Keith, can you look at my report?

| October 19, 2014

PathX  - Reporting2It happens from time to time. A family member, friend or friend of a friend calls you and says “Can you read my radiology report?” or “Can you read my pathology report?”. Sometimes they call for themselves, sometimes a family member, or in the case most recently, a friend of a friend called for his wife. Friday night. Introduces himself and asks if I can walk him through his wife’s pathology report. Tell him I would try if he can scan and email. He replies he already got my email from his friend and it should be in my Inbox. It is. It’s complicated. There are multiple parts, stains done elsewhere, addendums, amendments and the screen is small at 7 PM on a Friday night in a dark, noisy restaurant. It’s not perfect for a pathology consultation. My relationship with the spouse is less than five minutes old. I do not know the patient and of course I do not have the slides. He tells me they saw the oncologist already but are seeing “the other oncologist” on Tuesday and a surgery consultation is pending. He doesn’t remember much of what he was told other than something about another test that had to be sent out because some other test was “equivocal”. I ask if they mentioned “HER2” or “FISH”. He screams “Yes” and asks how do I know. There is instant credibility but perhaps there shouldn’t be.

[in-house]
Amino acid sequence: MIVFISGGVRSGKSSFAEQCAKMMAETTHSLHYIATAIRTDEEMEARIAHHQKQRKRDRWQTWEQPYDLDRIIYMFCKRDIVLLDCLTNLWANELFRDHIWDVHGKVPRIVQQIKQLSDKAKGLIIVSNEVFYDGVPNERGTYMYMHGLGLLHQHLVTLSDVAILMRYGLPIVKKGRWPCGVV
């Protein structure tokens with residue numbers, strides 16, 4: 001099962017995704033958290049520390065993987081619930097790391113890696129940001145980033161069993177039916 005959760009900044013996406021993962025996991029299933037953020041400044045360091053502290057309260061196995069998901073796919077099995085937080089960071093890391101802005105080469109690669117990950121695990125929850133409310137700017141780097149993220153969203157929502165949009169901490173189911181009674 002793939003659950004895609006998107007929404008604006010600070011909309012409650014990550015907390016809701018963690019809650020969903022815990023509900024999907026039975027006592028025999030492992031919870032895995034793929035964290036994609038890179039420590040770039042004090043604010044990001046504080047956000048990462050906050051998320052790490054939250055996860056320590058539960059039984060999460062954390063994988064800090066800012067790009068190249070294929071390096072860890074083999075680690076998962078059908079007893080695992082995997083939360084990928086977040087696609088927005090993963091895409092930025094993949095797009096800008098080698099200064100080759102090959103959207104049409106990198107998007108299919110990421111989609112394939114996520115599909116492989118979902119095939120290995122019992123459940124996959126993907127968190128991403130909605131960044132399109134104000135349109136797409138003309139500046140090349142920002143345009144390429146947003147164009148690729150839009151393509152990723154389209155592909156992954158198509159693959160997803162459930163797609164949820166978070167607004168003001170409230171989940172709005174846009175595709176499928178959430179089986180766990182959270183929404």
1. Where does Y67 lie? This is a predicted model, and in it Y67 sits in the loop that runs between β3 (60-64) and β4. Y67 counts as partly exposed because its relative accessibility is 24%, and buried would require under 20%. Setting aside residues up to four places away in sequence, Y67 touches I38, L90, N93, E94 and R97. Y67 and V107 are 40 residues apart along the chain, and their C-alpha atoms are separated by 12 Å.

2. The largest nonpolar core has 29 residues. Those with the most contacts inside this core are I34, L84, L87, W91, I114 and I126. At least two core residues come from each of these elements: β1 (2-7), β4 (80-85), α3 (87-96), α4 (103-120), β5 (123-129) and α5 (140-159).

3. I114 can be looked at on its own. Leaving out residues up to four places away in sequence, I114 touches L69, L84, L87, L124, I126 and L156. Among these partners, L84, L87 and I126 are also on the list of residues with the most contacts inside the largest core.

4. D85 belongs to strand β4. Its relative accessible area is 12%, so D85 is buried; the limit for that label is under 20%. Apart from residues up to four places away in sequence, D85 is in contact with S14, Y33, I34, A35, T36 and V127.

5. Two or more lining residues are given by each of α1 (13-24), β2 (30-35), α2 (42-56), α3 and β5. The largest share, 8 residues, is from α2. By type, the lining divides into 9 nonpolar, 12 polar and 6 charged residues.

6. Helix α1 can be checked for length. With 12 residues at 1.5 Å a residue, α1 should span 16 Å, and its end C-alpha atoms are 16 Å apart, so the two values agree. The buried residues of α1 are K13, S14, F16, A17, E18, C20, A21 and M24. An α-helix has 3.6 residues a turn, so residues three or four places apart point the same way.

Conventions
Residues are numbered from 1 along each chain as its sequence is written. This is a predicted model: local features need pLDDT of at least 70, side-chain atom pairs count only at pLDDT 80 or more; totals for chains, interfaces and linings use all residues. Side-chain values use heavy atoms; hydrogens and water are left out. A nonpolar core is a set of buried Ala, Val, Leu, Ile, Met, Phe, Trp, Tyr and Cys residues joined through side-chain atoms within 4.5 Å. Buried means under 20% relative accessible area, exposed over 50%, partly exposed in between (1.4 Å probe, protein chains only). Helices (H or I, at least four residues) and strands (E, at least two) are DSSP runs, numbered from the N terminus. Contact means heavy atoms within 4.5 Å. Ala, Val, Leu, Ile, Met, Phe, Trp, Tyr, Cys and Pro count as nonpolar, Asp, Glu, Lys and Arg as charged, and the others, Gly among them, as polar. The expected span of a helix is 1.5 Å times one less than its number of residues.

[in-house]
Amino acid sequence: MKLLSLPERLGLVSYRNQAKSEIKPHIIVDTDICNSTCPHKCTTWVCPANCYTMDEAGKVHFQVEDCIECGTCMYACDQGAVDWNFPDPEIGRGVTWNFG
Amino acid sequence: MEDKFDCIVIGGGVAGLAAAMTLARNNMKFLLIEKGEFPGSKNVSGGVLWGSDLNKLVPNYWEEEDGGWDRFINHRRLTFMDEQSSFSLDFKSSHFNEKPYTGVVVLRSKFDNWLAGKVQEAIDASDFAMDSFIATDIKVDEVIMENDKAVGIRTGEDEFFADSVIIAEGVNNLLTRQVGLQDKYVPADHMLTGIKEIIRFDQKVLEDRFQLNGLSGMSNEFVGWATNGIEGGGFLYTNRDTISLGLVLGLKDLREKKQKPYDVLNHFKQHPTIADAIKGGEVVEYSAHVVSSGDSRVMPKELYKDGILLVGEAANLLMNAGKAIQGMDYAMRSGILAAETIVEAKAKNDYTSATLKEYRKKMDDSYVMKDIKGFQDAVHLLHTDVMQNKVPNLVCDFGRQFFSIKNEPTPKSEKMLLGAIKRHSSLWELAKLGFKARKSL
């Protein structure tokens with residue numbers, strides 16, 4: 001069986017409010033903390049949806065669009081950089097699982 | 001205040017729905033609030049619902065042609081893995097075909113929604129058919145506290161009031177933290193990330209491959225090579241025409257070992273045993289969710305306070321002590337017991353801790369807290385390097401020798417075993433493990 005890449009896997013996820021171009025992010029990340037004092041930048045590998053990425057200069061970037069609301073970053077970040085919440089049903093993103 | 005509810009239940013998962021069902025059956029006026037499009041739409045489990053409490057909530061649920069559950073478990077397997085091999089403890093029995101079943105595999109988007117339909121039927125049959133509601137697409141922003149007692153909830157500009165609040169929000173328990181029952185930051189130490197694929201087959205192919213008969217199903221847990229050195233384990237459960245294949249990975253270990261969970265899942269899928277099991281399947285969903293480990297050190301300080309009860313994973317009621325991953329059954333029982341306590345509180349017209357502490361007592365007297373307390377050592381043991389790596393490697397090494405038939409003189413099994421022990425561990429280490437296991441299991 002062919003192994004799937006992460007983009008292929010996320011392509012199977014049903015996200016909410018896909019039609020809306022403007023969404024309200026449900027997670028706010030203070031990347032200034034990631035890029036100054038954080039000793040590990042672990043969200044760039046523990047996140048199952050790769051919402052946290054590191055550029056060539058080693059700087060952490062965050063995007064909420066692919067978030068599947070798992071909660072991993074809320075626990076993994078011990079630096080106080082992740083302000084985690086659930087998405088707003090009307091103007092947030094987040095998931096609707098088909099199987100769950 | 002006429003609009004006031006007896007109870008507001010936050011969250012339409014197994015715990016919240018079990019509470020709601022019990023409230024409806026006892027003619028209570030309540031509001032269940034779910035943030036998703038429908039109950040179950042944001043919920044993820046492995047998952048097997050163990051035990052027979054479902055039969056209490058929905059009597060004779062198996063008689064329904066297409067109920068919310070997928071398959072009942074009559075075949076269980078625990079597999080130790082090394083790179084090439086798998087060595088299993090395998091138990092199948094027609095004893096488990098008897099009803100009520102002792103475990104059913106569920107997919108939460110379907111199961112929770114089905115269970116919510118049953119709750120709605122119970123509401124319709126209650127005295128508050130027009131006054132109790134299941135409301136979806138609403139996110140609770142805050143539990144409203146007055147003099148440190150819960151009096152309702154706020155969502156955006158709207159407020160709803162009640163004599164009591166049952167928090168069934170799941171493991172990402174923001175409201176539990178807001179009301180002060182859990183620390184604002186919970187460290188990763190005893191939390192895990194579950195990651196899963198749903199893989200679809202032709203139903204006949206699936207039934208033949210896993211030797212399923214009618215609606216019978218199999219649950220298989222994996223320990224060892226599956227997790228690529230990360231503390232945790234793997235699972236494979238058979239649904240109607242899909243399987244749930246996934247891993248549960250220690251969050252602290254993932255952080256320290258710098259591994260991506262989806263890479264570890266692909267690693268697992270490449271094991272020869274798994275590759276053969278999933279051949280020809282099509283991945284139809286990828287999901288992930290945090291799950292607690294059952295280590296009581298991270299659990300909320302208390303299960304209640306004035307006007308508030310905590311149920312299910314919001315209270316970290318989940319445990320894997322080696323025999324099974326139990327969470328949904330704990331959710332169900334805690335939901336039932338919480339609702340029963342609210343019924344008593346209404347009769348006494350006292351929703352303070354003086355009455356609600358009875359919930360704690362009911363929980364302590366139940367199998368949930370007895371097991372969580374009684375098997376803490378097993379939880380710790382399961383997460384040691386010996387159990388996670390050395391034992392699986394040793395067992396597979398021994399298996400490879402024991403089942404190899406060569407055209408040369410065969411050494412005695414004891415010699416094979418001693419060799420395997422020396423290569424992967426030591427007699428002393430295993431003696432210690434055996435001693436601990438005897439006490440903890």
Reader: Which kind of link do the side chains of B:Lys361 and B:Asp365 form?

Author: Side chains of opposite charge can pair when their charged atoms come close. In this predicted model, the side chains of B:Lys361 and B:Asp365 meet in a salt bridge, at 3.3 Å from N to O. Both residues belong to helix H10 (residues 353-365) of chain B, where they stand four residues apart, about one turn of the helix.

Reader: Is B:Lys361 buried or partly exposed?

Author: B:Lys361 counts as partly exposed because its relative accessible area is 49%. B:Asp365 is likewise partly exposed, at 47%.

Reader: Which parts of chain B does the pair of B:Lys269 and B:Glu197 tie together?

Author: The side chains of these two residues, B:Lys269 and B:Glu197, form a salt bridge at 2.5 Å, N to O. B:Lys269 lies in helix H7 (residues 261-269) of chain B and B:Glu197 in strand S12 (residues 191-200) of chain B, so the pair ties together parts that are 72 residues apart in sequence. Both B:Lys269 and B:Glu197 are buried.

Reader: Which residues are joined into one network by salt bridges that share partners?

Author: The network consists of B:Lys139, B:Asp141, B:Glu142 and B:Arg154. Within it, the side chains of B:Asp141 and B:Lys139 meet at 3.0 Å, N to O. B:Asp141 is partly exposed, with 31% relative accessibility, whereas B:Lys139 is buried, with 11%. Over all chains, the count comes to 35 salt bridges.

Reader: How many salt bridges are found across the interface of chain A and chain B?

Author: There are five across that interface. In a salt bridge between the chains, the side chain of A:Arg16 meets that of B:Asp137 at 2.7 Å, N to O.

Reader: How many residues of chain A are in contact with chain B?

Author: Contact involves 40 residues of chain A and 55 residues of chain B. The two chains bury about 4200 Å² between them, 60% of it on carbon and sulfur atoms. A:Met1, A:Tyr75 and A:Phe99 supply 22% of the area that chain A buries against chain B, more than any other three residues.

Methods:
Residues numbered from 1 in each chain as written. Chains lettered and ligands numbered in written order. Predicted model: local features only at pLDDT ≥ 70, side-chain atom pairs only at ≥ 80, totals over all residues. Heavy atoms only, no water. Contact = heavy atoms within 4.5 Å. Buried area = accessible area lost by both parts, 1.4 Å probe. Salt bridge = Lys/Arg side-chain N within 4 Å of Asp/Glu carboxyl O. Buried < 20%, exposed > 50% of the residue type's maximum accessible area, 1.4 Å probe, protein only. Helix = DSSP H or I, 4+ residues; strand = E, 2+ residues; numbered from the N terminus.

The oncologist apparently did not answer their questions or the responses seem incomplete once you get the news. Or they are so overwhelmed with the news the questions weren’t asked or the oncologist did the best he could and several hours, phone calls, Internet searches and discussions with all their “doctor” friends, there are more questions.

I tell him what the biopsy is reported to show, what the gross description means, some take home points for “stains” and the who/what/why/where/how that they are not done at their local hospital and are “sent out”. Patients always ask “sent out to where?” and “what is sent out?” You talk about paraffin blocks and glass slides and recuts and the like. They wonder if their tissue was the one that was analyzed. “How does the other laboratory know?” And “Why does it take so darn long?”

Most of the questions you can answer and reassure and explain and educate and inform and folks feel better, particularly on a Friday night and nothing is likely to happen for a few more days. Sometimes they call back on Saturday or Sunday. They have another question or a child or child in-law has a question that came up.

They want to send you something. Ask you your favorite football team or perhaps what sports your kids play. You politely thank them and decline. They feel guilty about you taking time away from your family for theirs. You tell them it is not a problem. You are happy to help. They tell you one last time “Thank you for your time Doc” and cold pizza never tasted any better.

Tags: , ,

Category: Anatomic Pathology, Clinical Laboratories, Clinical Pathology, Current Affairs, Patient Advocacy, Personal

Comments are closed.